In Chicago, dismantling segregation through art

In a deeply divided neighborhood of Chicago, white and black families traditionally didn't mingle. But that's beginning to change after the arrival of Art on Sedgwick, an art studio that has become somewhat of a community center. 

Martha Irvine/AP
Charlie Branda, founder of Art on Sedgwick, hugs a few young residents of Marshall Field Garden Apartments in Chicago. Ms. Branda, whom many children call 'art teacher,' is a former commercial banker who left the profession to raise her two children, now teens.

Charlie Branda is not an artist. When she opened an art studio on a stretch of asphalt known as Sedgwick Street, the mom and former commercial banker simply wanted to get to know her neighbors and to connect two sides of a thoroughfare that divides black and white, haves and have-nots. "The way it is now isn't the way it has to be," she remembers thinking.

Ms. Branda had lived for years in and around Chicago's Old Town neighborhood when she, her husband, and two children moved into a red-brick house on the east, and wealthier, side of Sedgwick in 2008.

Initially, she joined with her neighbors to demand that the city, police, and absentee landlords do something about drug-dealing and occasional gunfire in the neighborhood. But she also spent a lot of time walking around, ignoring those who advised her to stay on "her side" of the street.

"Hello!" she'd chirp, smiling as she greeted strangers from Marshall Field Garden Apartments, a subsidized complex on the west side of Sedgwick.

Then in 2013, a young African-American father was fatally shot while on his way to buy diapers, just steps from the Brandas' home. Some residents were ready to move, and at least one family eventually did. But Branda couldn't shake the idea that she didn't even know the family that had lost a loved one.

"She saw us as neighbors," says Adell Thomas, a longtime resident of Marshall Field and president of its tenants' association.

Branda had been reading a book – "Make the Impossible Possible" by William Strickland Jr., a community activist in Pittsburgh who credits a high school art teacher with helping him find his way in life. She kept thinking about an image Mr. Strickland described: a ball of clay and how "you can make a miracle with your hands," she recalls.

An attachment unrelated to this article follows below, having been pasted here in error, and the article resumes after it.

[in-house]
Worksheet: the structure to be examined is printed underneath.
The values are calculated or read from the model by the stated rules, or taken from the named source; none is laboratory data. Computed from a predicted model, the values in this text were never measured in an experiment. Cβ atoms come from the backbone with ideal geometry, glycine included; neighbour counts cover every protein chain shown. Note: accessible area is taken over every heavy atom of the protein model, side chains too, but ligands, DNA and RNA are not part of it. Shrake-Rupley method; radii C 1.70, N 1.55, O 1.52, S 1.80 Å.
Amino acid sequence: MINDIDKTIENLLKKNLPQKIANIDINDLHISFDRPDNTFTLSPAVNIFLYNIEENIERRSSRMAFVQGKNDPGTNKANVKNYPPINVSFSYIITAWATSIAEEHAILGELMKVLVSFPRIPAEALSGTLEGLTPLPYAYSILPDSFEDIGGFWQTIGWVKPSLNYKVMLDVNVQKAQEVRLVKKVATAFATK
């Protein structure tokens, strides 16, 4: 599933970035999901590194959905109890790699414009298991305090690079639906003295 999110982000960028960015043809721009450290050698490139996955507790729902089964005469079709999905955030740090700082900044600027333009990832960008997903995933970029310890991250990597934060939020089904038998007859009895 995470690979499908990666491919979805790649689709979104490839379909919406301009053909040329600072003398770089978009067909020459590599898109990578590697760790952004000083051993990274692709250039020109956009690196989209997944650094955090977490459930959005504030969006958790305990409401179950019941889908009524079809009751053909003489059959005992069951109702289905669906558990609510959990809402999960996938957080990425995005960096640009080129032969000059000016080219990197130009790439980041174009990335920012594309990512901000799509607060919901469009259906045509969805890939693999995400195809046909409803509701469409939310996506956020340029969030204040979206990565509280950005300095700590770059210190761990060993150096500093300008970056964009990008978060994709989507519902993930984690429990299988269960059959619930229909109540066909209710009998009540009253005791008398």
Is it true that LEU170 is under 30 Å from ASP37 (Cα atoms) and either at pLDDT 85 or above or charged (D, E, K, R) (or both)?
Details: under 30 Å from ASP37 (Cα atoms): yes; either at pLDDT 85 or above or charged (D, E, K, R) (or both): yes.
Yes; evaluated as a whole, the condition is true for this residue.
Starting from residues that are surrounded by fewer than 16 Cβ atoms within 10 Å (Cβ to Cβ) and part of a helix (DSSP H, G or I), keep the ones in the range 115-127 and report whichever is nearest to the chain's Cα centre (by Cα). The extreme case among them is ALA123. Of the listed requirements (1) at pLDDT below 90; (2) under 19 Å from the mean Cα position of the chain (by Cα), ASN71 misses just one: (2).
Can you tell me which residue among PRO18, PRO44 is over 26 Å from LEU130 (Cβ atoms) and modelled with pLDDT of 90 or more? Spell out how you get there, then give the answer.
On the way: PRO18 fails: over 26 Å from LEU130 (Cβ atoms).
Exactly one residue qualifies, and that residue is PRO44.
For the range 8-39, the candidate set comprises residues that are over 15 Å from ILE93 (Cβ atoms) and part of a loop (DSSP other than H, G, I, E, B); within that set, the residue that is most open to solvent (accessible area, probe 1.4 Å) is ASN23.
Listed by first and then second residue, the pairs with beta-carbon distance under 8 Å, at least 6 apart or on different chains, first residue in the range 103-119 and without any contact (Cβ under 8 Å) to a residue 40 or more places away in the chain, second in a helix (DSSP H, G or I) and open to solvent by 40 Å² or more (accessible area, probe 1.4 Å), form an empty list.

She began telling people about her vision for a neighborhood art studio, and eventually presented the idea at community meetings. Ms. Thomas was inspired and quickly decided: "I want to be part of that." As she got to know Branda, Thomas was surprised to learn she'd grown up in Anchorage, Alaska, with a single mom and modest means. Branda, meanwhile, saw a bit of her tough yet compassionate mom in Thomas.

A board was formed, and in October 2015, the first Art on Sedgwick studio opened in a tiny storefront across the street from Marshall Field Garden Apartments. That day, neighbors stopped to write on a large chalkboard outside the studio that had rows of the unfinished sentence, "Before I die, I want to ______."

"Do Art," one girl wrote. And so it began.

The first classes, including cartoon drawing and embroidery, were small but consistently attended. The victories also were small but satisfying. It started with "just showing up," says Cory Stutts, middle school director at the private Catherine Cook School, two blocks east of Sedgwick Street.

Last year, an effort known informally as "the kite project" brought together sixth-graders from Catherine Cook and Manierre Elementary, a public school tucked behind the Marshall Field apartments. The kids were paired off and instructed to interview one another, asking questions like: "What do you dream about?" ''Do you think about dying?" ''Are you scared?" Then came a portrait session; the photos then were made into kites.

"A group of white kids and black kids playing together – you really don't see that nowadays," marveled Manierre student Eric Evans.

With each art show, class and community event, more people have trickled into Art on Sedgwick. One Saturday each month, a faithful group of adults from varied backgrounds gathers at the studio for a "Sip and Paint," a chance to do art, chat, and drink a little wine. Branda and Thomas, now friends, often take part.

"In some ways, I feel like we've accomplished so much in terms of building community and maybe changing the discussion," Branda says. "On the other hand, I feel like we've just barely scratched the surface."

There are people on both sides of Sedgwick who aren't so sure the neighborhood's divides can be bridged. Even as property values on his side of the street have increased, Branda's next-door neighbor, Jerry Capell, says the disconnect is "as wide as it's ever been," and that saddens him.

From her apartment on the other side of the street, Eric Evans' mother, Sherise McDaniel, also still sees very separate worlds.

"I would consider Charlie the exception. Charlie is like a vein connecting those people to us and us to them," says Ms. McDaniel, who is African-American and a special education aide at a high school. "I love this neighborhood. ... I love this city. I wish it loved me back."

Branda still walks the neighborhood and greets residents, many of whom know her now. "You can't 'un-connect' us," she insists.

She gets teary when she says this. "I think I'm tired of the divisiveness," she explains.

A while later, outside the Art on Sedgwick studio, a few kids from Marshall Field run to hug her, as they often do.

"Hi, art teacher! Hi, art teacher!" they shout. Branda wraps her arms around all of them, closing her eyes as she squeezes tightly.

She still doesn't consider herself an art teacher.

But she is their neighbor.

This story was reported by The Associated Press.

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